When you understand the requirements for productive high-intensity training you’ll be able to select the best exercise for a particular purpose. In most cases not more than 12 different Nautilus exercises should be performed in any one workout. The lower body should have 4-6 exercises and the upper body 6-8. If you push or are pushed to the supreme effort in each of 12 exercises you will not be able to perform more than one set properly. A set on 10 reps preformed in proper style should take about one minute to complete. By allowing one minute between exercises most athletes should be able to complete 12 Nautilus exercises in less than 25 minutes. As you work yourself into better condition, the time between exercises should be reduced. It is entirely possible to go through a workout of 12 Nautilus exercises in less than 15 minutes. Such a workout not only develops muscular size and strength but also develops a high level of cardiovascular endurance.
An advanced trainee does not need more Nautilus exercise than a beginner; rather, the advanced trainee needs less exercise, but at a higher level of intensity.
Beginner trainees usually show acceptable strength gains on most types of exercise programs even though they may perform several sets of more than 12 reps in each training session. They are able to make the progress, at least for a while, because they are not strong enough to use up all their recovery ability. As they get stronger, however, they do use that recovery ability and their progress stops. The stronger the individual becomes, the greater resistance he or she handles and the greater inroads are made toward recovery ability. The advanced trainees must reduce their overall Nautilus exercises from 12 to 10 and train at high-intensity only twice a week. For instance, on Monday they might train hard, on Wednesday less strenuously and on Friday hard again. The Wednesday workout does not stimulate growth but prevents muscle atrophy. It would permit growth by not making significant inroads into the athlete’s recovery ability.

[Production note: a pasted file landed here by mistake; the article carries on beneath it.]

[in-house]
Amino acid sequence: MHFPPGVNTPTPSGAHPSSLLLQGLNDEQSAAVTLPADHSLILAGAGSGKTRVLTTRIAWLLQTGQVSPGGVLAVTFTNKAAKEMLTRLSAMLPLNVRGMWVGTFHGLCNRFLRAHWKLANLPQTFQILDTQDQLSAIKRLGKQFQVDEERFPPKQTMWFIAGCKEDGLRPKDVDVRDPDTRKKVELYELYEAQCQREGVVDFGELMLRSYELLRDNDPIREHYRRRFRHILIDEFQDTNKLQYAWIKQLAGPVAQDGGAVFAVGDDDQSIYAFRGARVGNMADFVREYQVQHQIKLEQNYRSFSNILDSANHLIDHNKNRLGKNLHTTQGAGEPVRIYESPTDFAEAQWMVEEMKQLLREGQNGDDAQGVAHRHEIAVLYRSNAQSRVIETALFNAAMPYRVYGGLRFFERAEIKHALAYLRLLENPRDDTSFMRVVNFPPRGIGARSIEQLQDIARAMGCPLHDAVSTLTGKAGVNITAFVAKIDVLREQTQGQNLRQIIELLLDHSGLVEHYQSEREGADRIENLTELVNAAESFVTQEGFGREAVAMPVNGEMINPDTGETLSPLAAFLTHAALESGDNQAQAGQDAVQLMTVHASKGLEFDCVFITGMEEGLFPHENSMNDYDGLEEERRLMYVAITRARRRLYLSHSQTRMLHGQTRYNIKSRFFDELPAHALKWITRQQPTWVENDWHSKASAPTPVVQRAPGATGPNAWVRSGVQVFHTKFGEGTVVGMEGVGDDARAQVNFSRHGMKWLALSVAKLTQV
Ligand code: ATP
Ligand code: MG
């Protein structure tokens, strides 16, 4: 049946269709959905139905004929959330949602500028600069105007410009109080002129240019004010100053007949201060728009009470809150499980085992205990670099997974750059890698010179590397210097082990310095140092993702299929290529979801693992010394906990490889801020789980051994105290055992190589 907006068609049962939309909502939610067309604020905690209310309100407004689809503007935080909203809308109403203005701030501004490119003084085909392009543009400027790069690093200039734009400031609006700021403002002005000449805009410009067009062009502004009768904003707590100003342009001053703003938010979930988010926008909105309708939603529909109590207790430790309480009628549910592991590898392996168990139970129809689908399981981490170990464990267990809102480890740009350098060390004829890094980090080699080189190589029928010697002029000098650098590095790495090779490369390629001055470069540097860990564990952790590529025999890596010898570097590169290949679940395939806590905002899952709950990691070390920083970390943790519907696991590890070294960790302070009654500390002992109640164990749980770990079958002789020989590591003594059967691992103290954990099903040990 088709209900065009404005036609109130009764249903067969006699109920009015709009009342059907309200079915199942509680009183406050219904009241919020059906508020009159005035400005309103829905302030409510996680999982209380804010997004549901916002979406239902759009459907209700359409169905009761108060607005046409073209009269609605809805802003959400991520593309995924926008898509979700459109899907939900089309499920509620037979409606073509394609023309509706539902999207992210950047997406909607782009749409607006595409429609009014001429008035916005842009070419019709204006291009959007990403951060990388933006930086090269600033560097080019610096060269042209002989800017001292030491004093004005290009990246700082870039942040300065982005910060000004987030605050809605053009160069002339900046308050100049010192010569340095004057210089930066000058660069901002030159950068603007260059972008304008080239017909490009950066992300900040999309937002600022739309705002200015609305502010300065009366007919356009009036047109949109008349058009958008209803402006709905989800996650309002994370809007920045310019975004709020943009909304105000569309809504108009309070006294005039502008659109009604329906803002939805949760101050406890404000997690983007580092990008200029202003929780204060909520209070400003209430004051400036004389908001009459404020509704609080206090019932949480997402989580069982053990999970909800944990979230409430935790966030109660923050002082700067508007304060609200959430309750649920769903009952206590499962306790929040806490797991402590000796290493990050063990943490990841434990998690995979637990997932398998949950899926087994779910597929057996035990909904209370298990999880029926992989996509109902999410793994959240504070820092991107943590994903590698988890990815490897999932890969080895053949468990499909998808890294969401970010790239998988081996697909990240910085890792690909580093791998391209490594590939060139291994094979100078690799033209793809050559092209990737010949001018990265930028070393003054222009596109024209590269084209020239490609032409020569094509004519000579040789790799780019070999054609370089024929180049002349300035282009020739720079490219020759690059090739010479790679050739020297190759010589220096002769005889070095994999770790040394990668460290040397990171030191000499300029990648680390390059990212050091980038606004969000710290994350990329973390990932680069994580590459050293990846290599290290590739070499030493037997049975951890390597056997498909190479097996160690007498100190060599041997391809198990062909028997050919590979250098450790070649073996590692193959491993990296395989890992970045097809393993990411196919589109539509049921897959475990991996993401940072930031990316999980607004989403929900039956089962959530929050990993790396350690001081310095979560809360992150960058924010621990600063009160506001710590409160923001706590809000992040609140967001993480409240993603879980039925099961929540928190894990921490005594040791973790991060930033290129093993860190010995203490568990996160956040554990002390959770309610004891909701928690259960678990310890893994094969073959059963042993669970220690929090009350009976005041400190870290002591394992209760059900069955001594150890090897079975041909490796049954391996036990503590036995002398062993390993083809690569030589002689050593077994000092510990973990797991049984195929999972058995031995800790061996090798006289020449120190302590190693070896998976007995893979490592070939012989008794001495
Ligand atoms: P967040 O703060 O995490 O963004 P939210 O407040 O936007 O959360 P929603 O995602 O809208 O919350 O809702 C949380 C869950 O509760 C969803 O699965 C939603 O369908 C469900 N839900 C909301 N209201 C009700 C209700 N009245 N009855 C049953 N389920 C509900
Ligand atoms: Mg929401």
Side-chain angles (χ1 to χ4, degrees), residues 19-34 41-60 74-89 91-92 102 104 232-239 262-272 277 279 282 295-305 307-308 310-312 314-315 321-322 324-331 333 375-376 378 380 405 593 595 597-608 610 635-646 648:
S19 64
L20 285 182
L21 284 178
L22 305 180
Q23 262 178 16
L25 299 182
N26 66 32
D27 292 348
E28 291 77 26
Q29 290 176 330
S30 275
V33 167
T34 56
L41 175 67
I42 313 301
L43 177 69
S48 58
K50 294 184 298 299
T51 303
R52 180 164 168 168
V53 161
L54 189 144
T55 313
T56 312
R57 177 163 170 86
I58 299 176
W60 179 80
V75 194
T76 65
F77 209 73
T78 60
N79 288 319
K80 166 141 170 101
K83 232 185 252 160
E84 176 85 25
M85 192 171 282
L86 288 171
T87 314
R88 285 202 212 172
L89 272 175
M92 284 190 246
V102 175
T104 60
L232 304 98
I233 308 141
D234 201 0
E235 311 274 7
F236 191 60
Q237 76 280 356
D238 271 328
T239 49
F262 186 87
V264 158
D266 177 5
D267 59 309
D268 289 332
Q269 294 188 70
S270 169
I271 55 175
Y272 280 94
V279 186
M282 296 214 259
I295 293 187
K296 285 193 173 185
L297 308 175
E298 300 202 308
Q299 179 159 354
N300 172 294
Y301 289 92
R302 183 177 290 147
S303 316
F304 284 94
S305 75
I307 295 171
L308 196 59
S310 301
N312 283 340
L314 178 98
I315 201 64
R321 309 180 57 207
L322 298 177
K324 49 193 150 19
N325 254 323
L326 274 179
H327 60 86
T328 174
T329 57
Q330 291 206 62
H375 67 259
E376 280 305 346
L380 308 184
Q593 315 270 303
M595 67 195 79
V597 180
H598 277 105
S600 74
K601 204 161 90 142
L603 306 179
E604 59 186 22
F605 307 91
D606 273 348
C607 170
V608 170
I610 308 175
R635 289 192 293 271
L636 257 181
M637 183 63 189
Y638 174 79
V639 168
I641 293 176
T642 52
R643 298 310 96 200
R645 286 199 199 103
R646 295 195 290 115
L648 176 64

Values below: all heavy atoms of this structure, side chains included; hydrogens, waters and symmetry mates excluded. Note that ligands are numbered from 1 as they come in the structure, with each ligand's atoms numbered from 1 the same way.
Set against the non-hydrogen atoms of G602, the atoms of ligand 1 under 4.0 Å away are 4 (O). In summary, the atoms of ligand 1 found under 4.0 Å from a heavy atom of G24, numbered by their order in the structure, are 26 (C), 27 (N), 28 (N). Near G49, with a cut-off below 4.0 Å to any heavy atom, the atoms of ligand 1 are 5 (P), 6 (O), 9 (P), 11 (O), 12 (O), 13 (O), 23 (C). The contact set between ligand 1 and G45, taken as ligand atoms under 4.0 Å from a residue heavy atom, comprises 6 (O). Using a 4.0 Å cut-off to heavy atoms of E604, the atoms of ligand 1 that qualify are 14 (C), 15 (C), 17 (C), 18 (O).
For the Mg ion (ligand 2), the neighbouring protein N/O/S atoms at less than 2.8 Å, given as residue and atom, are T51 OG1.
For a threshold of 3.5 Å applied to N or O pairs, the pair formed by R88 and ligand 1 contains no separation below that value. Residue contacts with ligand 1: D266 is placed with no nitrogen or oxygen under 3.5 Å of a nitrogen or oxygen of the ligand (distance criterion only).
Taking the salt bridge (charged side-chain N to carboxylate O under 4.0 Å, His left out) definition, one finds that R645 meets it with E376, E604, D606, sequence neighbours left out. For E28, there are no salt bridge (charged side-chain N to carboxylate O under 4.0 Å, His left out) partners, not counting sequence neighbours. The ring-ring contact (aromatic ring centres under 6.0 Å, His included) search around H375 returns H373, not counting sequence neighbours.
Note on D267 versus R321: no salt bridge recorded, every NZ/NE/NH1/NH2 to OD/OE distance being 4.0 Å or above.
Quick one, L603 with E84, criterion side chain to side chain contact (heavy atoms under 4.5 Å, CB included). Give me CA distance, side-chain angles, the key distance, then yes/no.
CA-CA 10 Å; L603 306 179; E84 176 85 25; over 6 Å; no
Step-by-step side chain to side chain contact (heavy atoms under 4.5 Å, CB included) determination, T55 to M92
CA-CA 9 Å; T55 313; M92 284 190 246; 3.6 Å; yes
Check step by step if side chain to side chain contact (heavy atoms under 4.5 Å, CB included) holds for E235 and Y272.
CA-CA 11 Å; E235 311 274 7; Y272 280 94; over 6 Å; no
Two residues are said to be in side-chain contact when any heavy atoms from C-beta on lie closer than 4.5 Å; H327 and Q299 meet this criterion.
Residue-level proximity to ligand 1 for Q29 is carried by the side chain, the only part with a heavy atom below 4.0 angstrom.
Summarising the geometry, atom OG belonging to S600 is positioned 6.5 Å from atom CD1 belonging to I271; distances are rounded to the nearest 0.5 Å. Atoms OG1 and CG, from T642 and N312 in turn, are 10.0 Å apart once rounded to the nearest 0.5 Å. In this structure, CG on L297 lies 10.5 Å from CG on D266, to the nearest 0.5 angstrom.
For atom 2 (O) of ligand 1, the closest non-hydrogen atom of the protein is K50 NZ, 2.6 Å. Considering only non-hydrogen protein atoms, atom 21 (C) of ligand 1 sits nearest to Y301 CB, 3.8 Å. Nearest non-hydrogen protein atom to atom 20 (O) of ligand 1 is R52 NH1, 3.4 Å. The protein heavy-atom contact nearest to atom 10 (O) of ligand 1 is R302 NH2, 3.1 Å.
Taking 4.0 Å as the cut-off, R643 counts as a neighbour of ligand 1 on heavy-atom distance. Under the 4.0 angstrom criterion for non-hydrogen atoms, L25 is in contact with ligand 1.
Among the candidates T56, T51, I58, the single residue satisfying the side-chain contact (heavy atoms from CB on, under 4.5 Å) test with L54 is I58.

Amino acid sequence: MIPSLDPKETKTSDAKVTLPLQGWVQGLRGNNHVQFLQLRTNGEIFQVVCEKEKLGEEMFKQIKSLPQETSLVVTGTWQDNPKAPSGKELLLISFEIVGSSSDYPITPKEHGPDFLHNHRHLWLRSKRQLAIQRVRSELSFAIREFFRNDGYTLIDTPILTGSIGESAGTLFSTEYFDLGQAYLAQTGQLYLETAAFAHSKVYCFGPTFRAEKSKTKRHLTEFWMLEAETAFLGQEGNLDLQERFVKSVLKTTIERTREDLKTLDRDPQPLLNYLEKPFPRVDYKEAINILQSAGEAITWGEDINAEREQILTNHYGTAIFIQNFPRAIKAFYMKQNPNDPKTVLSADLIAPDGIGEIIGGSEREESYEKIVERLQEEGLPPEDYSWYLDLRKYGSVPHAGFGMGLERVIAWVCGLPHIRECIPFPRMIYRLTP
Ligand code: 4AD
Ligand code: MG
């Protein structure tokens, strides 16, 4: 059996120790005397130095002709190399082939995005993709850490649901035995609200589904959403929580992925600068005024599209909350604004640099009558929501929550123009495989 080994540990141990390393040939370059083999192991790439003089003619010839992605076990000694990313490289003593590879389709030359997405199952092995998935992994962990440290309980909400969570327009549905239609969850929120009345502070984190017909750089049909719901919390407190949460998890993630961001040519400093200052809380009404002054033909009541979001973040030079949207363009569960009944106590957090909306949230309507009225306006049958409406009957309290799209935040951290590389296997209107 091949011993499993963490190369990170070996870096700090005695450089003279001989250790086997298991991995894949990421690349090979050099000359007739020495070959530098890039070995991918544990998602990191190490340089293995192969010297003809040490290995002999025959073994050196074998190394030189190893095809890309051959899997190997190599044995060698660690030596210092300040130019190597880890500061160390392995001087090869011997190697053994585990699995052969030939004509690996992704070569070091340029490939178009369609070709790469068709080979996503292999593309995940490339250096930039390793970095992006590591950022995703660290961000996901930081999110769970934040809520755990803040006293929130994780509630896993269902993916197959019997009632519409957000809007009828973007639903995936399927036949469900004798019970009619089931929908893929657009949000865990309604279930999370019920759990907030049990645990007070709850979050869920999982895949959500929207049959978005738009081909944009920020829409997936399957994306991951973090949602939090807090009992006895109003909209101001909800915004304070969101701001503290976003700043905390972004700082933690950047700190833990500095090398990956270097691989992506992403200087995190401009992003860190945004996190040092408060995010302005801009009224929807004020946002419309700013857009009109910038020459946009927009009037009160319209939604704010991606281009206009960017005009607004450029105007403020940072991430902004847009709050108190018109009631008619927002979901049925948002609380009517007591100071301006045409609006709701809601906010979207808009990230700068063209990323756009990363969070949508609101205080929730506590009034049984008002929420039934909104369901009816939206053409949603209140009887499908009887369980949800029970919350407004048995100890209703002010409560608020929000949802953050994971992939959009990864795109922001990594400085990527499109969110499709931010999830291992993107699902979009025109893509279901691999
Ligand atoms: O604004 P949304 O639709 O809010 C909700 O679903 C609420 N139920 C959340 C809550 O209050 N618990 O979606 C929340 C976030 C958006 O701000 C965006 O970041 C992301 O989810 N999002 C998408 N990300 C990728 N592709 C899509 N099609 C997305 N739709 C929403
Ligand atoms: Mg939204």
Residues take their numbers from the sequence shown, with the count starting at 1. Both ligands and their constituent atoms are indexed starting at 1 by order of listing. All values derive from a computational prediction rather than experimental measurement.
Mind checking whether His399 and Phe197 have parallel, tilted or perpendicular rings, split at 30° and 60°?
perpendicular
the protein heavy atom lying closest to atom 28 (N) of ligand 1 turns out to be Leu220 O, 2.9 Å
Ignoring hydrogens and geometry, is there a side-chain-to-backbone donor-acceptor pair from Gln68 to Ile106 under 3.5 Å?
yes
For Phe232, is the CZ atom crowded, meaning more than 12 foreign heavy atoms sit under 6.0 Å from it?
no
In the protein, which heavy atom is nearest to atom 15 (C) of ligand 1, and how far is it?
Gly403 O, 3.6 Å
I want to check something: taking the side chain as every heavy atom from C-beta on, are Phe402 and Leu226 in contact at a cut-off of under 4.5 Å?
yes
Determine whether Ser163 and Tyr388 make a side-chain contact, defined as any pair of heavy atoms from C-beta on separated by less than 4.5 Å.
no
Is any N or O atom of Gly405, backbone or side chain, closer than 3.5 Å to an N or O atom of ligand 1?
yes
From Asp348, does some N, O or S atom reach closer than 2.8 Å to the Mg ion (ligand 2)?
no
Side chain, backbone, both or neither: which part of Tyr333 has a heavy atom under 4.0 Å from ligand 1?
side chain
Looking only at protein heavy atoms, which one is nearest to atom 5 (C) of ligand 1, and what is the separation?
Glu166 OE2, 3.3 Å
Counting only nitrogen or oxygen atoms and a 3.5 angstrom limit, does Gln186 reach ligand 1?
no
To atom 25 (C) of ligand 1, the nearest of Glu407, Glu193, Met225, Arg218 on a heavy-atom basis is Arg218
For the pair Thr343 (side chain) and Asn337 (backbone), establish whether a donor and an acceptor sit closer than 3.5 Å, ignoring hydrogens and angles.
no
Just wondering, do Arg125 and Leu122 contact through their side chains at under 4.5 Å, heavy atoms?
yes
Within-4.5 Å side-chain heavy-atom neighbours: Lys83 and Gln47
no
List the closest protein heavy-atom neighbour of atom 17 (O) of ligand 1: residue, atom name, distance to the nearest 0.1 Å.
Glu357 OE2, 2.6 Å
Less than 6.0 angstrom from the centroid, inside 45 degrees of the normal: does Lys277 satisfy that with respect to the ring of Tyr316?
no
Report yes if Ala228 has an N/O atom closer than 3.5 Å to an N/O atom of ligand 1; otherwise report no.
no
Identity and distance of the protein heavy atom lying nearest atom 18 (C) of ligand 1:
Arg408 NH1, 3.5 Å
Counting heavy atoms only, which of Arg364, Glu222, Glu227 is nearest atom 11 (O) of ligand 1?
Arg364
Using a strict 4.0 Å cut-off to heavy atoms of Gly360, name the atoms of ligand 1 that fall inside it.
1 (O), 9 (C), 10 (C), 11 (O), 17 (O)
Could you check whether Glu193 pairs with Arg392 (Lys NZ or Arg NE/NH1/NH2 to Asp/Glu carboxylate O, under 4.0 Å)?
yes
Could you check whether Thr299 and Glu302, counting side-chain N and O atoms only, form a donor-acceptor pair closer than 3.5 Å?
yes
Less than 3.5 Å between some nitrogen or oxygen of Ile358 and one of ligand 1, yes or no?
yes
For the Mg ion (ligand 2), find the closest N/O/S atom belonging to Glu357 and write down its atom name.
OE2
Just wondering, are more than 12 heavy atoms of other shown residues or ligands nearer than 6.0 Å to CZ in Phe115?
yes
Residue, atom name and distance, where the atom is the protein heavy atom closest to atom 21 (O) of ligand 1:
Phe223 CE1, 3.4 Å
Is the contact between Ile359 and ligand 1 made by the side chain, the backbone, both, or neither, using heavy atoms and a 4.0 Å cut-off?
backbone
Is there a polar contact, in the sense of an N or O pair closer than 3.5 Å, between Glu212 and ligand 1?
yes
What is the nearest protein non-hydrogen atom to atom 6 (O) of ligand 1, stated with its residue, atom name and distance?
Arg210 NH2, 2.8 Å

Between Nautilus workouts you should rest at least 48 hours but not more than 96 hours. High levels of muscular size and strength begin to decrease and atrophy after 96 hours of normal activity. High-intensity Nautilus exercise causes a complex chemical reaction inside a muscle. If given time the muscle will compensate by causing certain cells to get bigger and stronger. High-intensity exercise is, therfore, necessary to stimulate muscular growth but it is not the only requirement. Time and rest are also important as the stimulated muscle must be given time to recover and grow. An every-other-day, three-times-per-week Nautilus program will also provide the body with the needed irregularity of training. The schedule of training prevents the body from falling into a regular routine. Since the system is never quite able to adjust to this irregularity of training, growth is stimulated.
The human body quickly grows accustomed to almost any kind of activity. Once this happens no amount of participation in the same activity will provide growth stimulation. It is important to provide growth stimulation. It is important to provide many forms of variation in Nautilus training and variation can be achieved in several different ways. Weight or repetitions can be varied for each workout. The exercise can be changed occasionally alternated or performed in a different sequence. Training days can be varied.
Some people can push themselves to a 100% effort occasionally or on two or three Nautilus exercises. However, experience proves that this is virtually impossible to do consistently. Nautilus high-intensity exercise is very demanding. It is not surprising that few people can do it on their own initiative. An instructor is needed to supervise and motivate most trainees to work at the required level or intensity.
Warming Up and Cooling Down